Payday Loan Rule Is Officially A Go—Or Is It?
By Jennifer Janeira Nagle and Robert W. Sparkes III
Today, January 16, 2018, officially marks the effective date of the Consumer Financial Protection Bureau’s final rule targeting what it refers to as “payday debt traps” (the “Rule”). As outlined in our previous publications (found here and here), the Rule marks a significant change in the landscape for lenders offering short-term loans or longer-term loans with balloon payments, including payday and vehicle title loans. Looming large is the new requirement that lenders determine a borrower’s ability to repay prior to originating covered loans.
As of today, 60 days following publication of the Rule in the Federal Register, the Rule is a “go” and industry participants are now on the clock, with April 2018 deadlines for certain registered information systems requirements and an August 2019 compliance deadline on the horizon. And it will likely take industry participants every bit of that time to build the infrastructure and implement the policies and procedures necessary to get into compliance with what is a new frontier for lenders in this space.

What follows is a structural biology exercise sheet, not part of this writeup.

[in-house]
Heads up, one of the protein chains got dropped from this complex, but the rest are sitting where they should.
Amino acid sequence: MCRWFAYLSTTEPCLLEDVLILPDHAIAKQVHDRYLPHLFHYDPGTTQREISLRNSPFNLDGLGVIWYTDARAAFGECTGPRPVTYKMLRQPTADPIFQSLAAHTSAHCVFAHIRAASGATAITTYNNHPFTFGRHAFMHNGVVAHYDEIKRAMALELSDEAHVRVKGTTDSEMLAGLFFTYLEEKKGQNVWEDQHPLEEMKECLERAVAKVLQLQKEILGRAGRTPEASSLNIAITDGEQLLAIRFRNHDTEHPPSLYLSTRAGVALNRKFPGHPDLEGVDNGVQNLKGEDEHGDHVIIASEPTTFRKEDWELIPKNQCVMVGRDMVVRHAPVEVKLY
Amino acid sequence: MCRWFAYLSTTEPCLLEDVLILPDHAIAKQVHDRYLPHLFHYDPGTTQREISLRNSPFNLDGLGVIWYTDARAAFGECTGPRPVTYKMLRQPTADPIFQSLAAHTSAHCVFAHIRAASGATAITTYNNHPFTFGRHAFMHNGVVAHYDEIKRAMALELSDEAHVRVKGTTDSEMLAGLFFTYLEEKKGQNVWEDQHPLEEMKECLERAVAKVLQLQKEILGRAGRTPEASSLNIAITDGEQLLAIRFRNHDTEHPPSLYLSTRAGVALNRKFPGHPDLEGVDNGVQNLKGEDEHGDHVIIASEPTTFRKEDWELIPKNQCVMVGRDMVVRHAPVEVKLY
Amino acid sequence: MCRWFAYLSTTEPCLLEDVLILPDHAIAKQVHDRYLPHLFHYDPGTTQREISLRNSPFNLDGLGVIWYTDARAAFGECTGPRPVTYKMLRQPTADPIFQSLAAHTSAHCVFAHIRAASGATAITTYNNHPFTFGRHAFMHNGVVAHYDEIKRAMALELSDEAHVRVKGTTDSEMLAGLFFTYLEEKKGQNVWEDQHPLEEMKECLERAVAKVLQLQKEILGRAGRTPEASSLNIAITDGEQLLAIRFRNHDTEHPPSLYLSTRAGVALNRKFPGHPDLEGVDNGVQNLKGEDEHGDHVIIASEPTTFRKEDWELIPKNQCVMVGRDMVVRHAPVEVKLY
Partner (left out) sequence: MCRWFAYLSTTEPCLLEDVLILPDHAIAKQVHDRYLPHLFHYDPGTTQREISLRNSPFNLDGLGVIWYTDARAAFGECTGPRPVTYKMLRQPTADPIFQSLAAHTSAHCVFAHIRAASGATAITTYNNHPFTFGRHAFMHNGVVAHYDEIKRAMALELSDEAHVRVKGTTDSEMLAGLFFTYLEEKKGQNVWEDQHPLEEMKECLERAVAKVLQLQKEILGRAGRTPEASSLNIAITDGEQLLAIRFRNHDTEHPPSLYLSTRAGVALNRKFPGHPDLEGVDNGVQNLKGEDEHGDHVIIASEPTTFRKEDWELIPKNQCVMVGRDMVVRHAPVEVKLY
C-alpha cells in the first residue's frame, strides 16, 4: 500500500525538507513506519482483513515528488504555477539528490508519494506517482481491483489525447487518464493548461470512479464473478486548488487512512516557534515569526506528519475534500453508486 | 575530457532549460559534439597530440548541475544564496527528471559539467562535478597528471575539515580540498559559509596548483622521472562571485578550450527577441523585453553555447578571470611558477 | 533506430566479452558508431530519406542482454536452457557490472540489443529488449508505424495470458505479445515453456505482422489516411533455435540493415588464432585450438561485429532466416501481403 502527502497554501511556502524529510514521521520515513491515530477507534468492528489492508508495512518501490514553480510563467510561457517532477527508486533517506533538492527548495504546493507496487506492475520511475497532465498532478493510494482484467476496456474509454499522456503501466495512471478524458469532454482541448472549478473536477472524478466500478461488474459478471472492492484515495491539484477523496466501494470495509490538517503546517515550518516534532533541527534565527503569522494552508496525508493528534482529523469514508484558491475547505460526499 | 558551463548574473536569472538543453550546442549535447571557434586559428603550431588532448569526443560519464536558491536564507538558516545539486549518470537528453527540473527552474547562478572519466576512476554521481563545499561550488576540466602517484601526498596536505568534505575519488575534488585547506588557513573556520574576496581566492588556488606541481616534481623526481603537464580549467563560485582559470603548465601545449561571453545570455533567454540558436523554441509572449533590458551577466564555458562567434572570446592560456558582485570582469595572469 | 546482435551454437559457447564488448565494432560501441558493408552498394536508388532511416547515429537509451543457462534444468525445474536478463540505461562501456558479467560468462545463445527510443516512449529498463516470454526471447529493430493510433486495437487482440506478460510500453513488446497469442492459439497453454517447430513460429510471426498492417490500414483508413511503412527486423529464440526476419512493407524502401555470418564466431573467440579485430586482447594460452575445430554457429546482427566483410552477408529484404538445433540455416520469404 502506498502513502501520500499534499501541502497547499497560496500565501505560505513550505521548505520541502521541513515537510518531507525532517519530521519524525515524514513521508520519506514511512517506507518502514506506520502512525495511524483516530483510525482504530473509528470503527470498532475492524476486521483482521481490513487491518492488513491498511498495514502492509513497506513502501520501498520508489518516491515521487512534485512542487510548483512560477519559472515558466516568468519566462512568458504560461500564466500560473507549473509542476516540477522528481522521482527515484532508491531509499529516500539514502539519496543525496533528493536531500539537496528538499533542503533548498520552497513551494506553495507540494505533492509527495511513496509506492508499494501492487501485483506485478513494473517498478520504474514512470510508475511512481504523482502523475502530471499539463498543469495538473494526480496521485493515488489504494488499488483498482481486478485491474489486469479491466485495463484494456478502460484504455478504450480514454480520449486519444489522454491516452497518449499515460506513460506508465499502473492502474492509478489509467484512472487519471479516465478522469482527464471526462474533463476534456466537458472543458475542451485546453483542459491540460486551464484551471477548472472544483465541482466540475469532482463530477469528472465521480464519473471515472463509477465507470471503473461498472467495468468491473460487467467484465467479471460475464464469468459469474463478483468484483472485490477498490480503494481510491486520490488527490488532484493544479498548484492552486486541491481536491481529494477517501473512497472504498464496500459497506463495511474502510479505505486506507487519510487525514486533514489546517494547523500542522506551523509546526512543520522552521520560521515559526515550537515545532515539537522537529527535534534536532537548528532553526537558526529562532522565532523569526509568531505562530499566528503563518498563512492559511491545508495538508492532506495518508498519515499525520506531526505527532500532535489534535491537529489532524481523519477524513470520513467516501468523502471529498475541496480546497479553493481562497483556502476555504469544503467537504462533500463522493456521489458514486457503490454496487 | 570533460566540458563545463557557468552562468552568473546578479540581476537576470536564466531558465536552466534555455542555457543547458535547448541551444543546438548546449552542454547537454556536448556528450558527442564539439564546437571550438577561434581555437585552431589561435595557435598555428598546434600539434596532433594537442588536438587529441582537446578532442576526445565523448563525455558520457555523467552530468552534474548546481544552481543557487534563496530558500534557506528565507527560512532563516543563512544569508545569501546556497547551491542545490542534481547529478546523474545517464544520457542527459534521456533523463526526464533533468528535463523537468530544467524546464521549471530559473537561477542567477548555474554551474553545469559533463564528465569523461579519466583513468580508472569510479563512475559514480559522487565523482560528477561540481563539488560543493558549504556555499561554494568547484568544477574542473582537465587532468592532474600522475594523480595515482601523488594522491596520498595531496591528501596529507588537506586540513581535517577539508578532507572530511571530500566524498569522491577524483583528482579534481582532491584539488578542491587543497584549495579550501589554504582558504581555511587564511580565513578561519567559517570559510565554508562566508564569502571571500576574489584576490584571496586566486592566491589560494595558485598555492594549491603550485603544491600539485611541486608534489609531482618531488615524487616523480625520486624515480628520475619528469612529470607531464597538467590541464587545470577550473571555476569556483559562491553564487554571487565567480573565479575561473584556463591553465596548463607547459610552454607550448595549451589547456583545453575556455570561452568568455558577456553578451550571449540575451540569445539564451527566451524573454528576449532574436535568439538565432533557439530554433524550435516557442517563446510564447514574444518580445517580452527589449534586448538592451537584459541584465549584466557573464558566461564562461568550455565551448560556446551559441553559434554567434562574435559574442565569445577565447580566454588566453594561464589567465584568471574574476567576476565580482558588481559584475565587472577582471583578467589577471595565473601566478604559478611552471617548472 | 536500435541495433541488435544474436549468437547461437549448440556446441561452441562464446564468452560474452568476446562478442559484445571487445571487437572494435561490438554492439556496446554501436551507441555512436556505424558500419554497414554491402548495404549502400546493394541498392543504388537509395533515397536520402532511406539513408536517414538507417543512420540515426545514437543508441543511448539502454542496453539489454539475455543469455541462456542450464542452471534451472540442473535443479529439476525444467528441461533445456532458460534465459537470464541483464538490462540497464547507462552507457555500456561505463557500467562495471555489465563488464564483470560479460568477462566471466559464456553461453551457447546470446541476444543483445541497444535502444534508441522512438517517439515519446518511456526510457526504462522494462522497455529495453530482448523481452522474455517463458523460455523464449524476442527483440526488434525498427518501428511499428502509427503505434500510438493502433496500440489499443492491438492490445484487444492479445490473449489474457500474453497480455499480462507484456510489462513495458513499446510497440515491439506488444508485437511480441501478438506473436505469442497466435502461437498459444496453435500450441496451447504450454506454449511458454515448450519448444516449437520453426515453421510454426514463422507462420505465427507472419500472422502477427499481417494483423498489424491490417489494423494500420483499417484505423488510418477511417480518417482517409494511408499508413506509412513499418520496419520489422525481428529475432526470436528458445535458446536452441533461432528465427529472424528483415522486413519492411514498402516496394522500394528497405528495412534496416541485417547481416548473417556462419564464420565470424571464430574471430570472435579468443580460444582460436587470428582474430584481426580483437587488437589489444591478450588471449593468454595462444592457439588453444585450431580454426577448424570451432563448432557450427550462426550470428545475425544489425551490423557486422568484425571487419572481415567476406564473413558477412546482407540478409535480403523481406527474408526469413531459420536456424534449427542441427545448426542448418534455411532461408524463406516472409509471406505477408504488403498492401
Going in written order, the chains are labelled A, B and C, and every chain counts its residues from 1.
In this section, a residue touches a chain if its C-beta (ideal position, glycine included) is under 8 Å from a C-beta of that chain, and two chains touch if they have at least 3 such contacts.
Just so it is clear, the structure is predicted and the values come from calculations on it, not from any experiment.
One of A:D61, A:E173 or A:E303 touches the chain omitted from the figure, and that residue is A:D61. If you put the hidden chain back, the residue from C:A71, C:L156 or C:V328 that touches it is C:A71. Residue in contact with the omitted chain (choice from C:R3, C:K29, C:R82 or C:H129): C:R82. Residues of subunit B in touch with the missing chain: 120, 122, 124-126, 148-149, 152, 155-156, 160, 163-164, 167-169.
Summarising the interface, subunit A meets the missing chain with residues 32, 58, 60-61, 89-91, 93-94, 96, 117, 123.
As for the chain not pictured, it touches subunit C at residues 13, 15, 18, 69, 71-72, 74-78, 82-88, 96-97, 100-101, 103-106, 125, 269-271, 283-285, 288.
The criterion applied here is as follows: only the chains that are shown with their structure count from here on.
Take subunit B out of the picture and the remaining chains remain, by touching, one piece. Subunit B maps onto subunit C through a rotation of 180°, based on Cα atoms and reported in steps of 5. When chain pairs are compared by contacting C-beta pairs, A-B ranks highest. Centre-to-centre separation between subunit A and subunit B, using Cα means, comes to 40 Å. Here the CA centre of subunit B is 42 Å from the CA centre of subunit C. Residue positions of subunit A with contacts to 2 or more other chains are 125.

But not so fast. While the Rule is now effective, there remain a number of legislative session days for Congress to repeal the Rule under the Congressional Review Act (“CRA”). A bipartisan joint resolution to overrule the Rule was introduced in the House of Representatives in early December to do just that, but has been sitting in the House Committee on Financial Services since, with no action to date. Under the CRA, Congress generally has 60 legislative days (i.e., days when Congress is actually in session) from when the Rule is transmitted to Congress to pass the joint resolution to repeal the Rule (“60-day rule”). With the Rule’s publication on November 17, 2017, applying this 60-day rule, Congress’ opportunity to repeal the Rule under the CRA is expected to expire sometime in March 2018.
As discussions on this issue progress, interested stakeholders may want to engage in order to achieve their particular policy objectives. Stay tuned as we continue to monitor the status of the Rule.